Do you keep your windows open at night during October? If you do you are in for a wonderful treat!
The bugle of the bull elk is truly the music of autumn in Colorado. During the fall mating season, bulls bugle to attract females and challenge other males. They may shadowbox trees and shrubs with their antlers, leaving as evidence shredded bark and leaves. Occasional sparring matches occur between rival males, but more encounters consist mainly of bluff with noise and display of antlers. Evening is the best time to hear bugling.
Where to find them: Mountain parks and clearings throughout the mountains. Sites: Rocky Mountain National Park; Genesee Park; and the Aspen Park/Conifer area.
The fox is an intelligent animal that belongs to the dog family. They are smaller than wolves and have longer, bushier tails and longer hair. Their muzzles are more pointed and their jaws straighter. Foxes have large, furry, triangular ears. All foxes dig dens in the ground but they do not hibernate during the winter.
A female fox is called a "vixen" and they breed in early spring after they are a year old. A vixen will produce four to nine "pups" each year. The young foxes grow in the mother's body for about 51 days before birth. Both parents watch over the young for about two months. The mother feeds the pups with her milk for about three months.
The fox cries with a yelping bark. Sometimes, when a fox is captured, it will pretend to be dead. But it will run when freed.
Foxes play an important part in our region. They feed on mice and other rodents, insects and fruits. Sometimes a fox may catch poultry or lambs, which are not properly penned and tended. Foxes will eat anything they can catch and its is thought that they may have found unsuspecting domestic cats as their prey.
The Red Fox is native to our area, but not all red foxes have reddish-brown fur. Some are black sprinkled with white (silver fox), and some reddish-brown with a blackish stripe down the back and another across the shoulders (cross fox).
You are bound to see a fox as you drive around Hilldale's streets especially at dusk or at night.
Raccoons have been sighted often in Hilldale Pines. The common raccoon is about 32 inches long from its nose to the end of its tail. It weighs from 20 to 25 pounds. It has a stout body covered with long, course hair that is grayish, with black tips. The underfur is pale brown. The raccoon has a bush, grayish-white tail, with black rings. Its face looks like that of a fox. The nose is sharp and delicate. A black patch around each eye has a ring of white hair around it. This gives the raccoon a cunning look that fits its mischievous nature.
Raccoons have long legs and strong claws. They are famous tree climbers, and like to live in hollow trees. In cold climates, they sleep there during the winter. Raccoons also make their homes in dens in rocky ground or ledges.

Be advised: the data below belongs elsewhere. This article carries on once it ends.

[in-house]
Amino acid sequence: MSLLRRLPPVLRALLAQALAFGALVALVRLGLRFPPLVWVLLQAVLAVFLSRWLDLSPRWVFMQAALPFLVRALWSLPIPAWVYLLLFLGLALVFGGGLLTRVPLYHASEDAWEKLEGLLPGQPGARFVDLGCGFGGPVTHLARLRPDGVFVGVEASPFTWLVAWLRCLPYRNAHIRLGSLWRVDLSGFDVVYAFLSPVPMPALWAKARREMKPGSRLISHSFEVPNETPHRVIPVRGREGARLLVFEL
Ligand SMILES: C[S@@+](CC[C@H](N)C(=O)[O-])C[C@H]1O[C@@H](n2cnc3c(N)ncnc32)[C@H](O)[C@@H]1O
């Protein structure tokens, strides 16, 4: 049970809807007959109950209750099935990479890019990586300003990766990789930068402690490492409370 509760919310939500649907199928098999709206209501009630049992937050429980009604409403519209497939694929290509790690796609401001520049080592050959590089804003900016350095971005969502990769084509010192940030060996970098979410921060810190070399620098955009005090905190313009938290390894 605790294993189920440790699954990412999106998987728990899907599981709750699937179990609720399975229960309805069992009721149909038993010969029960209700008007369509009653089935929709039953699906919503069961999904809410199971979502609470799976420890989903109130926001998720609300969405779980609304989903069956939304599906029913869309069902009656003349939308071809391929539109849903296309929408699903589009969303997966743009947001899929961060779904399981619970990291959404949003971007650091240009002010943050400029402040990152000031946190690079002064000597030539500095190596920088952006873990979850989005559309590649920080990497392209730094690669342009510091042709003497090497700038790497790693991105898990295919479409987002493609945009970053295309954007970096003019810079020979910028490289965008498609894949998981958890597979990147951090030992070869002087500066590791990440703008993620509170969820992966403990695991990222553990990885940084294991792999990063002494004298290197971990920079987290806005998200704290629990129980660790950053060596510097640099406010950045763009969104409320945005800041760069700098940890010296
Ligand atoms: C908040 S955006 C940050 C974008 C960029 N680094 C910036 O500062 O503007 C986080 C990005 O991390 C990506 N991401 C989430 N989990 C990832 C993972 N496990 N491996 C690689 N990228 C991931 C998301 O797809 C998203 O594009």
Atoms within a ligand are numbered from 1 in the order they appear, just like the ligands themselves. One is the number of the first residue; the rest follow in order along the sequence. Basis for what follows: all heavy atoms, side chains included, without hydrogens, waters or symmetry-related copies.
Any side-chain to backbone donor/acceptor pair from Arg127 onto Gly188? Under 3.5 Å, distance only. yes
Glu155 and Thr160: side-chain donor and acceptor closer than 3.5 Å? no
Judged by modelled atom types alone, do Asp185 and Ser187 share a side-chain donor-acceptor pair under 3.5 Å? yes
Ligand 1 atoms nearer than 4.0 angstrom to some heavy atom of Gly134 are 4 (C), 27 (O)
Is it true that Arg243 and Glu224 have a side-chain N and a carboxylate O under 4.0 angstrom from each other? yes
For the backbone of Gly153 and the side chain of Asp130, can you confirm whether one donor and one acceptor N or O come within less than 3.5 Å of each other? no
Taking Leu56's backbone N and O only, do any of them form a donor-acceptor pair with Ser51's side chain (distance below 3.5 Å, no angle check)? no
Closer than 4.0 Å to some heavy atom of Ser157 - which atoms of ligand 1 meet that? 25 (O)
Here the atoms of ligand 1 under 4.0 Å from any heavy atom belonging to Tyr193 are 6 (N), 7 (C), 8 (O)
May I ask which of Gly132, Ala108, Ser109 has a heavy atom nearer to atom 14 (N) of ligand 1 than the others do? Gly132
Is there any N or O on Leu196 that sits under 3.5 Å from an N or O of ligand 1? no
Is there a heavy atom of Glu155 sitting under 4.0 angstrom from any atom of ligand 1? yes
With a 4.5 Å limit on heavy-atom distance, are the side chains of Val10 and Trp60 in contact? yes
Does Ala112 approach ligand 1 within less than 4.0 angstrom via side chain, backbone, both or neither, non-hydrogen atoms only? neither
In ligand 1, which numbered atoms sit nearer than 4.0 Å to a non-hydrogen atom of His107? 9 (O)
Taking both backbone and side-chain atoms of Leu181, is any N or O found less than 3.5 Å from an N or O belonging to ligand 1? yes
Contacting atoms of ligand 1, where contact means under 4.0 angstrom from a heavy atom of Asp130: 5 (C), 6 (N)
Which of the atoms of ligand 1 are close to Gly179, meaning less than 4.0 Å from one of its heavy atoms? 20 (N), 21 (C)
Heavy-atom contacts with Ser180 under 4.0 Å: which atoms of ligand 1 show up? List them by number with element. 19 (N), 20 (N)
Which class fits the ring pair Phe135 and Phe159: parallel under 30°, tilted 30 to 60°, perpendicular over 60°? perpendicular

Like bears, coons eat almost anything that comes their way. Perhaps their worst faults are robbing bird's nests, raiding chicken coops and going through garbage cans. (Secure, locking lids are the only thing that might keep them out). Also, according to Kathy Green of the Colorado Division of Wildlife, some of our domestic cats may have been prey to the strong raccoon.
Raccoons have from three to six young at a time, usually in April or May. The baby raccoons are blind and helpless at first, and the parents care for them at least until early winter. When they cry, they sound like human babies.
If you find the shredded remains of pine cones beneath a Ponderosa Pine, you've likely discovered the "kitchen" of the Albert's Squirrel. Also called the tassle-eared squirrel due to tufts of hair on it's ears, this large, handsome squirrel lives exclusively on the seeds and tender shoots of the Ponderosa Pine. It occurs in two color phases - all black, or a salt and pepper gray with white belly and black side stripes.
Where to find them: Active all year, Albert's squirrels can be found wherever there are Ponderosa Pine forests.
Sites: Pine forest around Evergreen, Conifer, Durango, Pagosa Springs.
Woodpeckers feed mainly on insects extracted from bark, thus keeping down the number of boring insects that destroy healthy trees. They enjoy sap and drill holes around a tree trunk in horizontal lines or checkerboard patterns.
Woodpeckers can, however, also cause an annoyance by hammering or "drumming" on houses and can cause property damage by drilling holes in wood siding and eaves.
Woodpeckers hammer to attract mates, establish and/or defend a territory, excavate nesting or roosting sites and search for insects. Wooden shingles, cedar or redwood siding, metal or plastic guttering, television antennas ans light posts are selected as drumming sites because these produce loud sounds.
Control Methods: Prompt repair of large holes may encourage the woodpecker to leave or discourage other woodpeckers. The holes can be covered with aluminum flashing or metal sheathing and painted to match the siding. If damage is occurring near areas that provide perch sites, elimination of these sites with metal flashing or other materials will usually solve the problem. If a single board on the house serves as a toe hold, heavy monofilament fishing line or stainless steel wire can be tightly stretched approximately 2 inches outward acros the landing side to exclude the bird.
Owl effigies mounted on top of roofs, chimneys or hung from the eaves near the damage sites also can frighten woodpeckers. Owl effigies can be purchased at garden, nursery or sporting goods stores or ordered through most hunting supply catalogs.
Some woodpeckers can be frightened away with persistent loud noises such as banging pots and pans together. Other woodpeckers can be discouraged by deadening the sound producing area by filling the hollow space behind the wood.